If you look up Gillian Flynn’s brilliant crime noir Gone Girl on Amazon, chances are the site’s generator is going to recommend that you also check out The Girl on the Train, a slow burn mystery by Paula Hawkins. You’ll know straightaway that both stories are being sold as part of the same brand of bestselling thrillers.
While their plots differ significantly, the books, and by extension their film adaptations, share a number of thematic parallels. Namely: The chilly visual tone, the use of unrealiable narrators as a plot device, and the mysterious disappearance of a restless blonde at the centre of it all. But The Girl on the Train falls short of the twisted sophistication of Gone Girl.
Emily Blunt plays a broken-hearted alcoholic named Rachel who travels to and from New York City on a train every day. While on her journey, she snoops on a specific row of grand-looking houses lined along the tracks and becomes fixated with a beautiful blonde named Megan (Haley Bennett, last seen in The Magnificent Seven remake) living in one of them.
We soon learn that Rachel’s obsessive tendencies are linked to the fact that Megan and her husband Scott (Luke Evans) are actually neighbours with Rachel’s ex-husband (Justin Theroux), his new wife Anna (Mission: Impossible’s Rebecca Ferguson) and their baby.When Megan inexplicably vanishes, Rachel becomes embroiled in the investigation that may lead to grave consequences.
While I personally find The Girl on the Train to be wanting in comparison with Gone Girl, that doesn’t mean it’s a bad film. In spite of the saggy middle, the film is fairly engrossing as it is able to hold our interest until the big reveal towards the end.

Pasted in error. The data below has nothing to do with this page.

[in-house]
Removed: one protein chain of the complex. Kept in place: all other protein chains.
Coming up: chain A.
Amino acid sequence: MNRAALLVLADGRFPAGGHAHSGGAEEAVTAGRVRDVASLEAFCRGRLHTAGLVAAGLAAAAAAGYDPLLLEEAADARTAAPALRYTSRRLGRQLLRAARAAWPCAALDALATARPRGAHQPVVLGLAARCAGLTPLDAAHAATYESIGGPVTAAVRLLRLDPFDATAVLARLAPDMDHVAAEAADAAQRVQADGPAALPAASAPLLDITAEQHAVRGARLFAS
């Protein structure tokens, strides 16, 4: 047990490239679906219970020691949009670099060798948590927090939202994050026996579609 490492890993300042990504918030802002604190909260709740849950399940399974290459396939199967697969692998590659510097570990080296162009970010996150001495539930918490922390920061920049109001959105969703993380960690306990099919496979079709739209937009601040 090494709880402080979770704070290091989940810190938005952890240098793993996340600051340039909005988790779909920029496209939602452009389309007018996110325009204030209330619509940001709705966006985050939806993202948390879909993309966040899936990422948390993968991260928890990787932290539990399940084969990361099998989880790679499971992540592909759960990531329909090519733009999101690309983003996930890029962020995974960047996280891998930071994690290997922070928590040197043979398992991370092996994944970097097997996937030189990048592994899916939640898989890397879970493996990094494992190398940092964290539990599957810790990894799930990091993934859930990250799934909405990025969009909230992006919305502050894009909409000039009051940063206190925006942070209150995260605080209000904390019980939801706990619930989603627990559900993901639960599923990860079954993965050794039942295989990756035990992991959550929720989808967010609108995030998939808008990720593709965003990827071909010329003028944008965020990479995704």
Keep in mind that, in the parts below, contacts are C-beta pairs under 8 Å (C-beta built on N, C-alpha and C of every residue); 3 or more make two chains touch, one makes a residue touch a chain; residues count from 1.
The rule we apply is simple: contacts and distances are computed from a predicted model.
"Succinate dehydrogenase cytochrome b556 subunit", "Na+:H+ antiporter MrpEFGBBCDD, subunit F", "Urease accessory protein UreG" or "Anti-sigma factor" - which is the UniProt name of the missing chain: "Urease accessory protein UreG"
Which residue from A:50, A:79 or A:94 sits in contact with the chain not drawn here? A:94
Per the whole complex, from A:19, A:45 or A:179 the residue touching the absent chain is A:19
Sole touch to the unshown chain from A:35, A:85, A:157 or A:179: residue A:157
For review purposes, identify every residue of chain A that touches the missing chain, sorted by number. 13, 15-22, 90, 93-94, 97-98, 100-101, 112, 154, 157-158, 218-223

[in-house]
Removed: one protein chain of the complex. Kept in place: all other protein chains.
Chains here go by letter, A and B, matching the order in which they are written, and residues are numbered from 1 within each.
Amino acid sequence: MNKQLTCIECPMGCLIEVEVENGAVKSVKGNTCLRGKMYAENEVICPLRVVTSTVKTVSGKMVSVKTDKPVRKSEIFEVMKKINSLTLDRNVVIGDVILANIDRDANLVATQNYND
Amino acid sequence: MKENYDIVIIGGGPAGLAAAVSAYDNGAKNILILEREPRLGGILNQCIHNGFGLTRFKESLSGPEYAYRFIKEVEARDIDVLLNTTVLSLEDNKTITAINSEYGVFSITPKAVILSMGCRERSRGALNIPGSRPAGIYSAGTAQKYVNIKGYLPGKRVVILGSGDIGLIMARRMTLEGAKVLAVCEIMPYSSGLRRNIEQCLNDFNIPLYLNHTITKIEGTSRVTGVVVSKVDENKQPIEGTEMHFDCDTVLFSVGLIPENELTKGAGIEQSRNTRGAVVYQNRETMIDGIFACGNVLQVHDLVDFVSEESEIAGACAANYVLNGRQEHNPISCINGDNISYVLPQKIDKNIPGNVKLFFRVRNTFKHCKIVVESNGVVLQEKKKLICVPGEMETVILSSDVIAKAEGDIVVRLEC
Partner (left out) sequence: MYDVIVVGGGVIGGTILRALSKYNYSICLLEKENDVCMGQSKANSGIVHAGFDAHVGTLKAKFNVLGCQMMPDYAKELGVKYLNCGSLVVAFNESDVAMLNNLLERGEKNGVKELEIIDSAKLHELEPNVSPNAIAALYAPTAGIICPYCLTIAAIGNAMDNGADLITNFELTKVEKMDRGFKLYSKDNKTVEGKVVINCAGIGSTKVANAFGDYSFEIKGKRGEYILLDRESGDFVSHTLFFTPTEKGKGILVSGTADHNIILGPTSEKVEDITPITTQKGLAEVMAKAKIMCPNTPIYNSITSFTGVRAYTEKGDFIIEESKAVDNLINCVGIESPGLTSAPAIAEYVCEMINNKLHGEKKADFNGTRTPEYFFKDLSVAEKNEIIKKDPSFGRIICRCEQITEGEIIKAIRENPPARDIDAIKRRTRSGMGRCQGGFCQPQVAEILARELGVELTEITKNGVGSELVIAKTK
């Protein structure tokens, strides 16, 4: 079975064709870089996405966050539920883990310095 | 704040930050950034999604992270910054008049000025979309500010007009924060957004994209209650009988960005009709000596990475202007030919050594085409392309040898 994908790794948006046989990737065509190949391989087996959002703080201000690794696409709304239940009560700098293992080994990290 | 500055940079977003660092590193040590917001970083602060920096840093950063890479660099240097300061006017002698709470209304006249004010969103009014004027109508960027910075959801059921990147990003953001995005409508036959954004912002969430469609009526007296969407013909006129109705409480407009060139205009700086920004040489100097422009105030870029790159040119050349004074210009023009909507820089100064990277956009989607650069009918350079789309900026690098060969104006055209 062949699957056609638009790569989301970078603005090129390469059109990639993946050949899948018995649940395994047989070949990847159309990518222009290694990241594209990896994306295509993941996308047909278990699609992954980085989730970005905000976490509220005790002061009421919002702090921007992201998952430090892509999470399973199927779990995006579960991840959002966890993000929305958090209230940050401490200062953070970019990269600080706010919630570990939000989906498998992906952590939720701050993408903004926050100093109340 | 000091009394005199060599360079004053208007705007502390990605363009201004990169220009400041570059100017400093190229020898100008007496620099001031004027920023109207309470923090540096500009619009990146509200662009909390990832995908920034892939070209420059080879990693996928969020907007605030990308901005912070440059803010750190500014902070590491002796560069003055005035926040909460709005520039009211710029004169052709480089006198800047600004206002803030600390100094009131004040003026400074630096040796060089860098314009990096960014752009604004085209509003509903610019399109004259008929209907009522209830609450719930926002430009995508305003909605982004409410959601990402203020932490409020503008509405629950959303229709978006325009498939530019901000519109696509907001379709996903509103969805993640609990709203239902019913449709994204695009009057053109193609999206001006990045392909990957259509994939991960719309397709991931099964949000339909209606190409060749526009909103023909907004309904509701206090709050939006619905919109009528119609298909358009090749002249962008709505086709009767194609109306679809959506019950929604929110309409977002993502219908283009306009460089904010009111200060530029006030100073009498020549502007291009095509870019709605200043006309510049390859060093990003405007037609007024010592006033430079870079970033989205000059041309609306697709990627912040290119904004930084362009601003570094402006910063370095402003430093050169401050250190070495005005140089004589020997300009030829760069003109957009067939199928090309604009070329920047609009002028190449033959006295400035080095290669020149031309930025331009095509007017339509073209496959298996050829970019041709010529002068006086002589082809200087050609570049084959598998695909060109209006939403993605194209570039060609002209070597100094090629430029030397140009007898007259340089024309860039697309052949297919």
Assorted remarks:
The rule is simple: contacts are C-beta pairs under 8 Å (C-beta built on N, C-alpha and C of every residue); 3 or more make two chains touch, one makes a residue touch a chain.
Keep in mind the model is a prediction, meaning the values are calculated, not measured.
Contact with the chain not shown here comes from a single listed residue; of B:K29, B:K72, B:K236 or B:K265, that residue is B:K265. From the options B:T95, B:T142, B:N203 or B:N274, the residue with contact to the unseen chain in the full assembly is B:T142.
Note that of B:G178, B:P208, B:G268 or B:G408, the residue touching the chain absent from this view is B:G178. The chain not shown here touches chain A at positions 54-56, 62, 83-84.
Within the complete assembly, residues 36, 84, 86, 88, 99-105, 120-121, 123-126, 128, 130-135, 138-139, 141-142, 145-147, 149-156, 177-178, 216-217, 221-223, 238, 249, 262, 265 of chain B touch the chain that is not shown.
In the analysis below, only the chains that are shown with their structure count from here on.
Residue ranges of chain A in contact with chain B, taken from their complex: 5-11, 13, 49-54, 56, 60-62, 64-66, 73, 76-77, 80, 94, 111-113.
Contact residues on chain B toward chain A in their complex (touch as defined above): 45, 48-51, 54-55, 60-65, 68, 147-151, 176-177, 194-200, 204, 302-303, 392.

Also, as always, Blunt delivers a tour de force performance and we’re compelled to root for her even when she’s playing a sad, boozy, and delusional loner who looks like she might smell bad. The rest of the cast perform admirably and let’s face it – they’re all easy on the eye!
But what makes The Girl on the Train fall short of being a great film is that it’s a simple, more straightforward thriller with a plot twist you see coming from a mile away.
And while its feminist subtext has worthy things to voice about female camaraderie in the face of male aggression and control, and its damaging effects, it doesn’t quite add to the discourse. It’s a throwback to less subtle girl power thrillers like Double Jeopardy, Sleeping with the Enemy and even way back to the era of Bette Davis, when films about the transformative powers of strong female protagonists who suffer and overcome the odds became more prominent.
I think that stories about women have come a long way since then, so with something like The Girl on the Train, it feels like we’re kind of backtracking a bit.
The Girl on the Train is playing in Singapore now. Tell us what you think of the movie!